Relieved that our photo ordeal was behind us, we continued on to our final scheduled destination of the tour – the Mercato. The Mercato is a huge open-air market that not only expands blocks but square miles! Everything from livestock to electronics is sold there. We were told that there would not be much activity or people there during our visit because it was Sunday. Upon arriving in the Mercato vicinity, it became obvious to me that there was a difference between my idea of a crowd and our guide’s idea of crowd. To me, the place was packed. Our driver drove slowly through the crowd. Sometimes he would back up in order to turn the van around. I was always afraid that we were going to hit one or several of the pedestrians. We were just centimeters away from them on all sides of the van. If we were to drive that close to a pedestrian in the U.S., the person would probably be ready to fight or at least have some unpleasant words for the driver. But this is not the case in Ethiopia. They seem to take it all in stride.
riding through the crowded Mercato
The Mercato spans several square miles.
khat for sale
riding centimeters from pedestrians
We rode through the area for a little while. Our guide pointed out vendors with piles of khat. Khat is a leaf that is chewed. It is a type of stimulate that purportedly gives the user a buzz. Eventually, we left the area and headed back to the hotel. On the way, we made a stop at a small shop that our guide said sells the best coffee. Ethiopian coffee is world-renown. Neither Traci nor I are coffee drinkers, but when one of my co-workers found out we were going to Ethiopia, he asked me to bring him back coffee beans. I was able to purchase some at this shop.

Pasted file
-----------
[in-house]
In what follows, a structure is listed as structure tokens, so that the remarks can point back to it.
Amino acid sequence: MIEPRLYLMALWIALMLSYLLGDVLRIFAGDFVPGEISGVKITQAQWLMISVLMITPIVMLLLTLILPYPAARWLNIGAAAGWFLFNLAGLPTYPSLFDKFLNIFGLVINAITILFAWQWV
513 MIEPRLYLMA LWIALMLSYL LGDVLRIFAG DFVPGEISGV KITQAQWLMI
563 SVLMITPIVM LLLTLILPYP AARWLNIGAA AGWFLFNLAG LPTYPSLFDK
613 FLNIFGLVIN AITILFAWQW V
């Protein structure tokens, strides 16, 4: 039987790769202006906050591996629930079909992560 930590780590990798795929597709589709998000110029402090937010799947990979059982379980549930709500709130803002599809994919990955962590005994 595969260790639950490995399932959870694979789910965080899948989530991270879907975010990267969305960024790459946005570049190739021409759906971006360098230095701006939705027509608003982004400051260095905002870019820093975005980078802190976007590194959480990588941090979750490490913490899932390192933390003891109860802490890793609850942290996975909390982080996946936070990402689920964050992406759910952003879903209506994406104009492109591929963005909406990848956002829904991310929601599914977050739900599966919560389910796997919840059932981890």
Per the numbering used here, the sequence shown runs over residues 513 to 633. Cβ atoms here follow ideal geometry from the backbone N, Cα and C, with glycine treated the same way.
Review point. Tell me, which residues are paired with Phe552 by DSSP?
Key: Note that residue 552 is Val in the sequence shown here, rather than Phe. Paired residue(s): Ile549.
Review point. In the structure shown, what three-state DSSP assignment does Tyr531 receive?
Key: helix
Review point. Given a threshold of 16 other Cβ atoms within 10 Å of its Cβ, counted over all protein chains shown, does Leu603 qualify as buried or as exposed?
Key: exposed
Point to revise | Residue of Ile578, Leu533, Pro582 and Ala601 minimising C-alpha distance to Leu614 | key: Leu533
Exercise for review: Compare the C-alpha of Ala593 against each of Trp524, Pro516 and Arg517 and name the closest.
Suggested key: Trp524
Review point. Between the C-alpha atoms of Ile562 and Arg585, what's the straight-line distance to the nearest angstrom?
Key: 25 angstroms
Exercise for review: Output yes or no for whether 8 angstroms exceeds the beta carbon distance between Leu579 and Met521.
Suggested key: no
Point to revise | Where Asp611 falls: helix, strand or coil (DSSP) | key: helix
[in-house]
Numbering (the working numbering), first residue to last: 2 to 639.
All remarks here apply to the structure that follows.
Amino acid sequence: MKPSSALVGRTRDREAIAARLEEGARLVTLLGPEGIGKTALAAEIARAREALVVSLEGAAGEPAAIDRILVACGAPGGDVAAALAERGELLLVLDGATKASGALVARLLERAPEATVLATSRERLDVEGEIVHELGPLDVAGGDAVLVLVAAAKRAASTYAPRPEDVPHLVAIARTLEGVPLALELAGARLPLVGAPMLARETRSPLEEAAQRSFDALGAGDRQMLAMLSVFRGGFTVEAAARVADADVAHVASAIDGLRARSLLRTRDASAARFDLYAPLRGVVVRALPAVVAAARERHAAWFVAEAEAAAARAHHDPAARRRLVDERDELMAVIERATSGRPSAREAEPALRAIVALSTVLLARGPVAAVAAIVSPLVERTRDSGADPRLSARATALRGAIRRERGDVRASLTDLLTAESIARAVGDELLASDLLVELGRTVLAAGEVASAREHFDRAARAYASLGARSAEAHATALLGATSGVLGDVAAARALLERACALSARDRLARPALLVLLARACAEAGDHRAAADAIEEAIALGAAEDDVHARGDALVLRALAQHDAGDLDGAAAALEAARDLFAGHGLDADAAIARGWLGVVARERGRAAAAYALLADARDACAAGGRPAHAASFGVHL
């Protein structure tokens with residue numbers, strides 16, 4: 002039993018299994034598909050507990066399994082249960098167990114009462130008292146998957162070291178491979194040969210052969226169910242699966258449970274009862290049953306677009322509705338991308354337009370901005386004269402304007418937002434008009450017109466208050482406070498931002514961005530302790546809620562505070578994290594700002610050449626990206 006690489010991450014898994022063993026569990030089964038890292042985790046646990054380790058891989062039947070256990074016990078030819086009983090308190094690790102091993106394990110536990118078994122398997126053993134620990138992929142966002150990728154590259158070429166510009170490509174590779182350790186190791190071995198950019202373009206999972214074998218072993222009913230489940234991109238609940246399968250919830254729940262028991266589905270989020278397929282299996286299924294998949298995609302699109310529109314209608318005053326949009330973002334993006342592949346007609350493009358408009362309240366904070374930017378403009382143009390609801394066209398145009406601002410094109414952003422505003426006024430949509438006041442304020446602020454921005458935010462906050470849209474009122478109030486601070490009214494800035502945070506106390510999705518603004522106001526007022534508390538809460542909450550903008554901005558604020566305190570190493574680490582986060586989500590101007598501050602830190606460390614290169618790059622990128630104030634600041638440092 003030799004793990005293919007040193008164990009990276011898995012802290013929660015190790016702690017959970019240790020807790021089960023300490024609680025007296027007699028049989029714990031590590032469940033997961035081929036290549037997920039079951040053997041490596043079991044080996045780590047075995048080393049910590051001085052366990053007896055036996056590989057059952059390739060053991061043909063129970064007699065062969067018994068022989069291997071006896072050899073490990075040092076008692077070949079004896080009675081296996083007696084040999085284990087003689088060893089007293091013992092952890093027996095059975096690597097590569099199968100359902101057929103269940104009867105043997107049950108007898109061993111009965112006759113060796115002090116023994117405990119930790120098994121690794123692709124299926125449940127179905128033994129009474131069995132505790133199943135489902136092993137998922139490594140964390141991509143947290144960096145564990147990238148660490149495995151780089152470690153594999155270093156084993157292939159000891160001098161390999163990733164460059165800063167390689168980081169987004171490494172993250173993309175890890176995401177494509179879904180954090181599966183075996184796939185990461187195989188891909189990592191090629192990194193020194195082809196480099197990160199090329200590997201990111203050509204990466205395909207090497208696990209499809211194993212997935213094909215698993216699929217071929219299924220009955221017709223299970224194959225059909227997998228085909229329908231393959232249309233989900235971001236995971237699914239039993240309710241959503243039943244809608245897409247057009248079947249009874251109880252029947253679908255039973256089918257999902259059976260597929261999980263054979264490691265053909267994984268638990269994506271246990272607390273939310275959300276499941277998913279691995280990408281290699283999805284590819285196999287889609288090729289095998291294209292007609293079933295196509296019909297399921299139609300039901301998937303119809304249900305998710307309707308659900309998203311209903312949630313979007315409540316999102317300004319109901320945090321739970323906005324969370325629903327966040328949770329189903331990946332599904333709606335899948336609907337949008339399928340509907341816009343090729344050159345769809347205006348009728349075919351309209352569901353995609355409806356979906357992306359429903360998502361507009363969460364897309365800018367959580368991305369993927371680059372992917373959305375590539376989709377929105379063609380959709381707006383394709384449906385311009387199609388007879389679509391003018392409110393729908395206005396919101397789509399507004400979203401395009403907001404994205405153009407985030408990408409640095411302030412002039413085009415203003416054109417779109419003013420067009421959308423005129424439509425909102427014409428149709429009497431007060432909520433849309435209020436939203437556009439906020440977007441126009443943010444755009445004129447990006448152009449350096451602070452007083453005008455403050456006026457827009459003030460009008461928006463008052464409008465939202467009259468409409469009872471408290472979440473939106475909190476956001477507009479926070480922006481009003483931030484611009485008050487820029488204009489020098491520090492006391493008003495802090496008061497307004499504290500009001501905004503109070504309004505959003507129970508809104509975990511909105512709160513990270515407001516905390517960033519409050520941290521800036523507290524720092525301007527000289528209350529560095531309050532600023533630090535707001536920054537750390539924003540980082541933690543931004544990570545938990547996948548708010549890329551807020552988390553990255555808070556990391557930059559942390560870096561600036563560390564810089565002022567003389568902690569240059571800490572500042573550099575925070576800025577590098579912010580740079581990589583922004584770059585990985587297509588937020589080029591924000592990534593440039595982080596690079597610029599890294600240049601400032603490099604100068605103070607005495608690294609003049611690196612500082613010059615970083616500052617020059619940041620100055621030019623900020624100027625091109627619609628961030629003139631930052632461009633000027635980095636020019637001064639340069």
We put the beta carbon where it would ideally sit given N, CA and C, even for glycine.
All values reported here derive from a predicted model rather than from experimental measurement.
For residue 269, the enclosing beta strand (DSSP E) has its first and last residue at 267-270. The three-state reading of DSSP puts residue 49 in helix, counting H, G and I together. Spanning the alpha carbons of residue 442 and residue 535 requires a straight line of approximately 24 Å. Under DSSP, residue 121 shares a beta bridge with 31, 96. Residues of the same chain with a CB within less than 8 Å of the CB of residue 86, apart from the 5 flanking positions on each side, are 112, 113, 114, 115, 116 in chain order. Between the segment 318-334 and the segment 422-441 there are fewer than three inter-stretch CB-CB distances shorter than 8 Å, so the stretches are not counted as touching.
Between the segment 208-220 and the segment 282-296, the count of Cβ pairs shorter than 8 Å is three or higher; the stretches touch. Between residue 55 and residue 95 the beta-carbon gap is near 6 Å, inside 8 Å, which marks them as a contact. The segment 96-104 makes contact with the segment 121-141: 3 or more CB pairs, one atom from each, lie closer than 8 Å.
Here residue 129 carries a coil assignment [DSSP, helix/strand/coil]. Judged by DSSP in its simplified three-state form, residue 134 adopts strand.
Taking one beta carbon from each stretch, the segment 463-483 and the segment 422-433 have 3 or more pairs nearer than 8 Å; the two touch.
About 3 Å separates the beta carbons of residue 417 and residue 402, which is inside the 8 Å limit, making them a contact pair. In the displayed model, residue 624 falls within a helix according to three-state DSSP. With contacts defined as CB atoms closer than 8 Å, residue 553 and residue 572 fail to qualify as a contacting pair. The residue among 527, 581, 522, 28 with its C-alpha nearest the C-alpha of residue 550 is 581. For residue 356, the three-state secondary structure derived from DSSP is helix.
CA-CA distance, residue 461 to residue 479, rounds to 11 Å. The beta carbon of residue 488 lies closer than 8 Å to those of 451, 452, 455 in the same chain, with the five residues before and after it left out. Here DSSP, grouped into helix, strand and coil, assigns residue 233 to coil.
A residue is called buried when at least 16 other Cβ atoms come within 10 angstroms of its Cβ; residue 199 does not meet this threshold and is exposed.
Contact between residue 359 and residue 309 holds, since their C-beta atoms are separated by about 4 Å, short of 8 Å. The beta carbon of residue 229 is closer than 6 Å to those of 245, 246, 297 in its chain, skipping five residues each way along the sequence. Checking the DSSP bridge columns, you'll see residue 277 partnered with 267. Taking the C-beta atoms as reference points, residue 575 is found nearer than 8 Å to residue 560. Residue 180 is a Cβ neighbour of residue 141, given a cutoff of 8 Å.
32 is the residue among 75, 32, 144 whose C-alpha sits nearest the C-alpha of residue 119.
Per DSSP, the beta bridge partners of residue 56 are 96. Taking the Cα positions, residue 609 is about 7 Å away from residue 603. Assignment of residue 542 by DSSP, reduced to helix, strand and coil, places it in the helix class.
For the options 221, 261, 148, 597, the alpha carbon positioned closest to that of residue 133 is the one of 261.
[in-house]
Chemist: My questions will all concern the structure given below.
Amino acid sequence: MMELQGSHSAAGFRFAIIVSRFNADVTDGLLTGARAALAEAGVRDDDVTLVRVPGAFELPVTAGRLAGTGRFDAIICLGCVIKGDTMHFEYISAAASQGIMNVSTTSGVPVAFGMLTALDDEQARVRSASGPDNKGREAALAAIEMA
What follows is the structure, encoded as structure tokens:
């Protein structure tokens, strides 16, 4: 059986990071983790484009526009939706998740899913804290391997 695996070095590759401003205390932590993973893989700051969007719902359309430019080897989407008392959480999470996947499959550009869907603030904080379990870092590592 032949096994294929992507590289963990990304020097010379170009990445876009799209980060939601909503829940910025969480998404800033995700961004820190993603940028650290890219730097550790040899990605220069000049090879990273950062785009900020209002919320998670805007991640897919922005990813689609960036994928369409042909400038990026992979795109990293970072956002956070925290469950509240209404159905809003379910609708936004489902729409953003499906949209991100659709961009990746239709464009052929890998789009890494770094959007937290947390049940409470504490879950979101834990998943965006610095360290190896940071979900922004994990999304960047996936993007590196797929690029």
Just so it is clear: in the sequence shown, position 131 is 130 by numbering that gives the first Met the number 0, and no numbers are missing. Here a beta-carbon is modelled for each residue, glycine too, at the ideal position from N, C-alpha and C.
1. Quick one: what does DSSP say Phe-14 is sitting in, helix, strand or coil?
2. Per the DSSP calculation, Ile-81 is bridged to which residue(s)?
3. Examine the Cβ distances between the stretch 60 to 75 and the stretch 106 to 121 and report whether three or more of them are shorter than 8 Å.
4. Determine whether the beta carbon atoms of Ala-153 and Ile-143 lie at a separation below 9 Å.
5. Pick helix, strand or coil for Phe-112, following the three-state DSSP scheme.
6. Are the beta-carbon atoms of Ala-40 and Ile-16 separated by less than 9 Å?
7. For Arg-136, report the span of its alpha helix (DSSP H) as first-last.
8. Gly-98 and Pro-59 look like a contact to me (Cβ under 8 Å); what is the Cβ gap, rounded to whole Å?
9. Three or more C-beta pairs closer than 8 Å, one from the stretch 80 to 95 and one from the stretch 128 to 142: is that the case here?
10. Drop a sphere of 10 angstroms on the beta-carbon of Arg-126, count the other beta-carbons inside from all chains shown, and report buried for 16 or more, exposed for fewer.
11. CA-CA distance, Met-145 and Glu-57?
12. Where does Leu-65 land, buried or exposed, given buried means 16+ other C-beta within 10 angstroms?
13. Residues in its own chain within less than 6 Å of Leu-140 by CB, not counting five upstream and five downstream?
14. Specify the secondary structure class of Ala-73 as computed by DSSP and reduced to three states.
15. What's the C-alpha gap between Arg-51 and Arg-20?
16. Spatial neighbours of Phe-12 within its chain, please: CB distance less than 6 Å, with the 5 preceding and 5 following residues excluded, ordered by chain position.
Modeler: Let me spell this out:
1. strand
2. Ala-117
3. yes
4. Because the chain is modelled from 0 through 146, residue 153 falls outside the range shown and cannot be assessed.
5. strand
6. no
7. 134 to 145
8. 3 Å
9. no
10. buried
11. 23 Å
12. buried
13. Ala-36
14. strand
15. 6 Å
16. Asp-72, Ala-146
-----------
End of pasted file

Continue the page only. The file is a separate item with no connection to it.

When booking the Ethiopia leg of our journey, I assumed we would not have enough time to do a full-day Addis Ababa tour and still catch a flight home. Had I realized that the daily flight from Addis Ababa to Washington departs at 11 PM, I would have booked only one night in Ethiopia. Instead, I booked two nights. Now that our city tour was over, what were we going to do the rest of the evening and all day the next day until our 11 PM flight home? I sought the advice of our guide. He said that Ethiopian Quadrants offers a full-day tour to the countryside. I was a little worried because our cash was running low. Our guide said not to worry. He said that I could use my credit card as payment at the end of the tour the next day.
In the meantime, it was around 5 PM when we arrived back at our hotel after our city tour. Our driver offered to swing back at 7:30 that evening to take us out for an authentic Ethiopian meal and traditional Ethiopian music. This sounded like a great opportunity to experience some culture so we accepted his offer.
We were picked up promptly at 7:30 and driven through the crowded dimly-lit streets of Addis. It seemed the streets were more crowded with people than cars. We eventually turned down a dark narrow street which made Traci and me nervous about our surroundings. But soon, we saw the neon lights of the restaurant called the Ethiopian Cultural Ambassador. We encountered some drama before we got out of the van. Our driver got into an argument with a police officer over a parking space. Even as our driver parked his van and was letting Traci and me out. He and the policeman were still exchanging words. Traci and I were starting to second-guess our decision to dine out. Our driver assured us that everything was okay and led us to the restaurant.